UK lowers threat level as Manchester probe advances



Sat, 27 May 2017 - 11:40 GMT


Sat, 27 May 2017 - 11:40 GMT

Britain's terror threat assessment has been raised to "critical", the highest level, meaning an attack is considered imminent – AFP/Justin Tallis

Britain's terror threat assessment has been raised to "critical", the highest level, meaning an attack is considered imminent – AFP/Justin Tallis

MANCHESTER – 28 May 2017: Britain on Saturday lowered the terror threat level which was hiked after this week's carnage in Manchester as police pushed forward with their investigation, arresting two more people.

The decision to reduce the threat level from critical to severe was announced by Prime Minister Theresa May who said there were now 11 suspects in custody over Monday night's bombing targeting young fans at a pop concert.

The latest arrests took place early on Saturday with police detaining two men, aged 20 and 22, in north Manchester.

Later in the day, police evacuated Moss Side in the south as they raided a property there, with a bomb disposal vehicle also at the scene, an AFP correspondent said.

So far, police are holding 11 suspects over Monday's blast at the end of a gig by U.S. pop idol Ariana Grande which killed 22 people, a third of them children.

Another 116 were injured in the blast which was claimed by the extremist Islamic State group.

Police in Libya also detained the father and brother of the bomber, 22-year-old Salman Abedi.

British counter-terror chief Mark Rowley said Friday police had captured "a large part of the network" linked to the bombing, confirming they were holding "some of the key players" but admitting there was still some work to do.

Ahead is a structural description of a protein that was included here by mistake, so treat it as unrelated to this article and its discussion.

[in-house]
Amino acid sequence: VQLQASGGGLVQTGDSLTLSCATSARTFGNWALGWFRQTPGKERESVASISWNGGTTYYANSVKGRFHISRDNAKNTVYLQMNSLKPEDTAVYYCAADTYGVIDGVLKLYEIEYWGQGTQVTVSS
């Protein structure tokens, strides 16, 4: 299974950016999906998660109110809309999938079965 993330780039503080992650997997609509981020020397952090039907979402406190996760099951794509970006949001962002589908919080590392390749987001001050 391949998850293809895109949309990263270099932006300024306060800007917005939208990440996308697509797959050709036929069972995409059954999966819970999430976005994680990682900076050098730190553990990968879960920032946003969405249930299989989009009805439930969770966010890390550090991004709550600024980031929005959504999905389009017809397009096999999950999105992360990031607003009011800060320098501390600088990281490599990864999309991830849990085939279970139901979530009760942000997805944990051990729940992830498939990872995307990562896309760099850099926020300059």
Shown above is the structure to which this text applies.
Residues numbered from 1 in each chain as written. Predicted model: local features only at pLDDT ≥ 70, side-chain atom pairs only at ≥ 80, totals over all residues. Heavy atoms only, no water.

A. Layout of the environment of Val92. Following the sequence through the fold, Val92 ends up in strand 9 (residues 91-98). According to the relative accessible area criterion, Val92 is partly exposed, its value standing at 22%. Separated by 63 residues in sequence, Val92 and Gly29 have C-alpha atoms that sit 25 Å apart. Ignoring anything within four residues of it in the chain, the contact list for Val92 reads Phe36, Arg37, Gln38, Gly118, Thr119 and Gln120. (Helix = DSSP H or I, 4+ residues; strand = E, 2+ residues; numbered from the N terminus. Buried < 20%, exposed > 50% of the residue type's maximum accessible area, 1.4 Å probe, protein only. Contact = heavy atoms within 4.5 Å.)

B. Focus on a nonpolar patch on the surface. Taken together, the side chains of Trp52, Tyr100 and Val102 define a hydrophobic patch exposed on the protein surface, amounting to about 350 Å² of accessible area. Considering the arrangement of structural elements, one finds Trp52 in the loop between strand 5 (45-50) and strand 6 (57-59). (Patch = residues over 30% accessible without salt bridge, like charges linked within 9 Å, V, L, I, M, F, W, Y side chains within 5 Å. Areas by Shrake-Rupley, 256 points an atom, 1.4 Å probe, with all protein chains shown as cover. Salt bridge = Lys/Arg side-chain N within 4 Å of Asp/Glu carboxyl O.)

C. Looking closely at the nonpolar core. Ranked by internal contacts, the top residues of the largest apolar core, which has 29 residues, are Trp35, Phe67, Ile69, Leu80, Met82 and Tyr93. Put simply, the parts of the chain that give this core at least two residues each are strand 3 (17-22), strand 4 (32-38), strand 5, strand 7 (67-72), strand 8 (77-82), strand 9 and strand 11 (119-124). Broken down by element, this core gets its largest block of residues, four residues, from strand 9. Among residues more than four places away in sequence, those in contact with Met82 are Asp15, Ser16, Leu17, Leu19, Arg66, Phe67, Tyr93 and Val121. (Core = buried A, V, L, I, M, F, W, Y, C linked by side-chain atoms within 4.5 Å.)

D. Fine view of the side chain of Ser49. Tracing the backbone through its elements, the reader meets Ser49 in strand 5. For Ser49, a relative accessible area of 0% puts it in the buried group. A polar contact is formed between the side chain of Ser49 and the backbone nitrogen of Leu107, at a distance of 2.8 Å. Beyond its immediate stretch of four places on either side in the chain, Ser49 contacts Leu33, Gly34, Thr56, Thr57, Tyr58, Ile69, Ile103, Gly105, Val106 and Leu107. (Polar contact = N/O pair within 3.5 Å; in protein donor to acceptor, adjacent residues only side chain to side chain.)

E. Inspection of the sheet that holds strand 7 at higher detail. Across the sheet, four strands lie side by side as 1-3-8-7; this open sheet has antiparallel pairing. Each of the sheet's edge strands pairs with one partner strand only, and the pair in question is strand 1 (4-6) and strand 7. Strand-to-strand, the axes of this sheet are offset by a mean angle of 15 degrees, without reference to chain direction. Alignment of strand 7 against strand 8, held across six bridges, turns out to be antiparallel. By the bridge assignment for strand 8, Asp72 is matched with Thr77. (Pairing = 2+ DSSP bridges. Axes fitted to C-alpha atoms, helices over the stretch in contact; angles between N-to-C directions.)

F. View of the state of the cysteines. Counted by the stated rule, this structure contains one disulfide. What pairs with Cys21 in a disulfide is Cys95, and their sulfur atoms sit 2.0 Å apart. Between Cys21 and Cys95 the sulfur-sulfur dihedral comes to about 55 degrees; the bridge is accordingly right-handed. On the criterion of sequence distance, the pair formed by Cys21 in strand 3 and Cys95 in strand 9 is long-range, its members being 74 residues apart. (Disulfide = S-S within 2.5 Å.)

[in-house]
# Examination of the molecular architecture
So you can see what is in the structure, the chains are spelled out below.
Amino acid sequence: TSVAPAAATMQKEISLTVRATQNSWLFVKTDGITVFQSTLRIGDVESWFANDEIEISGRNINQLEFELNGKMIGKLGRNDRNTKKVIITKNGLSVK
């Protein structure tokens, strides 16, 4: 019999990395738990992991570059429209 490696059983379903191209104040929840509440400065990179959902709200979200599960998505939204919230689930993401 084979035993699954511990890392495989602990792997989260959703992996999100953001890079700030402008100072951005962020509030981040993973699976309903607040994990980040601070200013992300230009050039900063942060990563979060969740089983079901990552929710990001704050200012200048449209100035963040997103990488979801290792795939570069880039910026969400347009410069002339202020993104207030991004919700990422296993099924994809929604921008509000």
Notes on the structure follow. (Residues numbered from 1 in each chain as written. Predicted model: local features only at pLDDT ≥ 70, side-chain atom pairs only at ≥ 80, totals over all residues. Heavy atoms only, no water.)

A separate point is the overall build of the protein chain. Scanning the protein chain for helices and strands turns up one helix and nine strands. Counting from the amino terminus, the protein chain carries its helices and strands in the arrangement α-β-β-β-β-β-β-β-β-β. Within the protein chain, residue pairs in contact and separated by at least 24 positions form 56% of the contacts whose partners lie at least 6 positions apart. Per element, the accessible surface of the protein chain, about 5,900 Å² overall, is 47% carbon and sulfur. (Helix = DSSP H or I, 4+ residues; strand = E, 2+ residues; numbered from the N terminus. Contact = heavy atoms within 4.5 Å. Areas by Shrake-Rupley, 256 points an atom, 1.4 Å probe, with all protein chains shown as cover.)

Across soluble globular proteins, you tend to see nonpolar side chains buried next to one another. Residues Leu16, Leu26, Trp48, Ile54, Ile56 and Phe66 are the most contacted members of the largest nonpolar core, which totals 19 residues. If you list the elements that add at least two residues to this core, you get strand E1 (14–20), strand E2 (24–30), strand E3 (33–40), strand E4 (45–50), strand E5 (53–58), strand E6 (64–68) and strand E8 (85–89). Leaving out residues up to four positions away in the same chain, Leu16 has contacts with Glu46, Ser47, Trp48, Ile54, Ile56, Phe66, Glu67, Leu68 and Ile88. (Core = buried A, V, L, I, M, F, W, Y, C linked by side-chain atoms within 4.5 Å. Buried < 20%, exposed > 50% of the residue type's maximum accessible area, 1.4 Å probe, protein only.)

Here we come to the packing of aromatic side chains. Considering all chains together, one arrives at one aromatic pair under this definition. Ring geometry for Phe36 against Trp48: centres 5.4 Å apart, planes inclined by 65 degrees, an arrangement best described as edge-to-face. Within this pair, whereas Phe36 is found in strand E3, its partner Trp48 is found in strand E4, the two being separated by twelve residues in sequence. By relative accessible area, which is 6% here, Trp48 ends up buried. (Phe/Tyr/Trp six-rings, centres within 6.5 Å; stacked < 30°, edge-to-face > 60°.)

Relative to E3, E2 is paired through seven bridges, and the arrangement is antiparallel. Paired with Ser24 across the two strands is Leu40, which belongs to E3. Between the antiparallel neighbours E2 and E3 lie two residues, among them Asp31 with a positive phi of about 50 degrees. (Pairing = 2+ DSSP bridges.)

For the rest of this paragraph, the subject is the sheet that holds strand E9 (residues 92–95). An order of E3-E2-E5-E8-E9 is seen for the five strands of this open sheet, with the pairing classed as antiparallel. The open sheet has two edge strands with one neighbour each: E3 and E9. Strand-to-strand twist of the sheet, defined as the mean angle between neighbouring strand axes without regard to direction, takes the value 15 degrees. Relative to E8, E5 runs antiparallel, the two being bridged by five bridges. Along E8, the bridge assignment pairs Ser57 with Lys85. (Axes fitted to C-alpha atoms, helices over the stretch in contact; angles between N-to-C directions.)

"Everyone's just worried, no matter where they are, it's scary stuff," Moss Side resident David Bailey, 29, told AFP after Saturday's police raids on a neighbourhood notorious for gangland violence.

Explaining the decision to reduce the terror threat level from critical -- its highest level -- to severe, May said troops would also be withdrawn from the streets, another measure adopted after the bombing.

"We should be clear about what this means: A threat level of severe means an attack is highly likely, the country should remain vigilant," she said.

Operation Temperer, which involved the deployment of troops on patrol alongside police, would also be wound down on Monday night, at the end of the bank holiday weekend.

"From midnight on Monday, there will be a well-planned and gradual withdrawal of members of the armed forces, who will return to normal duties," she said.

Greater Manchester Police said the change in threat level would not affect its investigation.

"The level of resources we have available to us remains the same as we continue to take positive action," said officer Ian Hopkin.

Armed police will be on patrol over the holiday weekend with security increased at Saturday's FA Cup final at London's Wembley Stadium, which kicks off at 1630 GMT.

And Lancashire County Cricket Club also announced extra security for a gig by the Courteeners, an indie rock group, at Old Trafford cricket ground which 50,000 people were expected to attend.

It will be the city's first major gig since the attack.

The bombing was the latest in a series of IS-claimed attacks in Europe that have coincided with a US-led offensive against the jihadist group in Syria and Iraq.

As campaigning resumed ahead of a snap June 8 election, the issue of security was brought sharply to the fore, with polls suggesting May's lead had fallen sharply.

Opposition Labour leader Jeremy Corbyn said it was the "responsibility" of governments to minimise the risk of terror by giving police the funding they need following cuts made when May was interior minister.

Between 2009-2016, the number of police officers fell by almost 20,000, or around 14 percent, the independent Institute for Fiscal Studies think tank said.

May hit back by insisting the Conservative government had "increased the funding" for security and intelligence agencies.

Authorities are currently handling 500 terror-related investigations into 3,000 individuals, with another 20,000 people on the radar of the intelligence services as posing a "residual risk".



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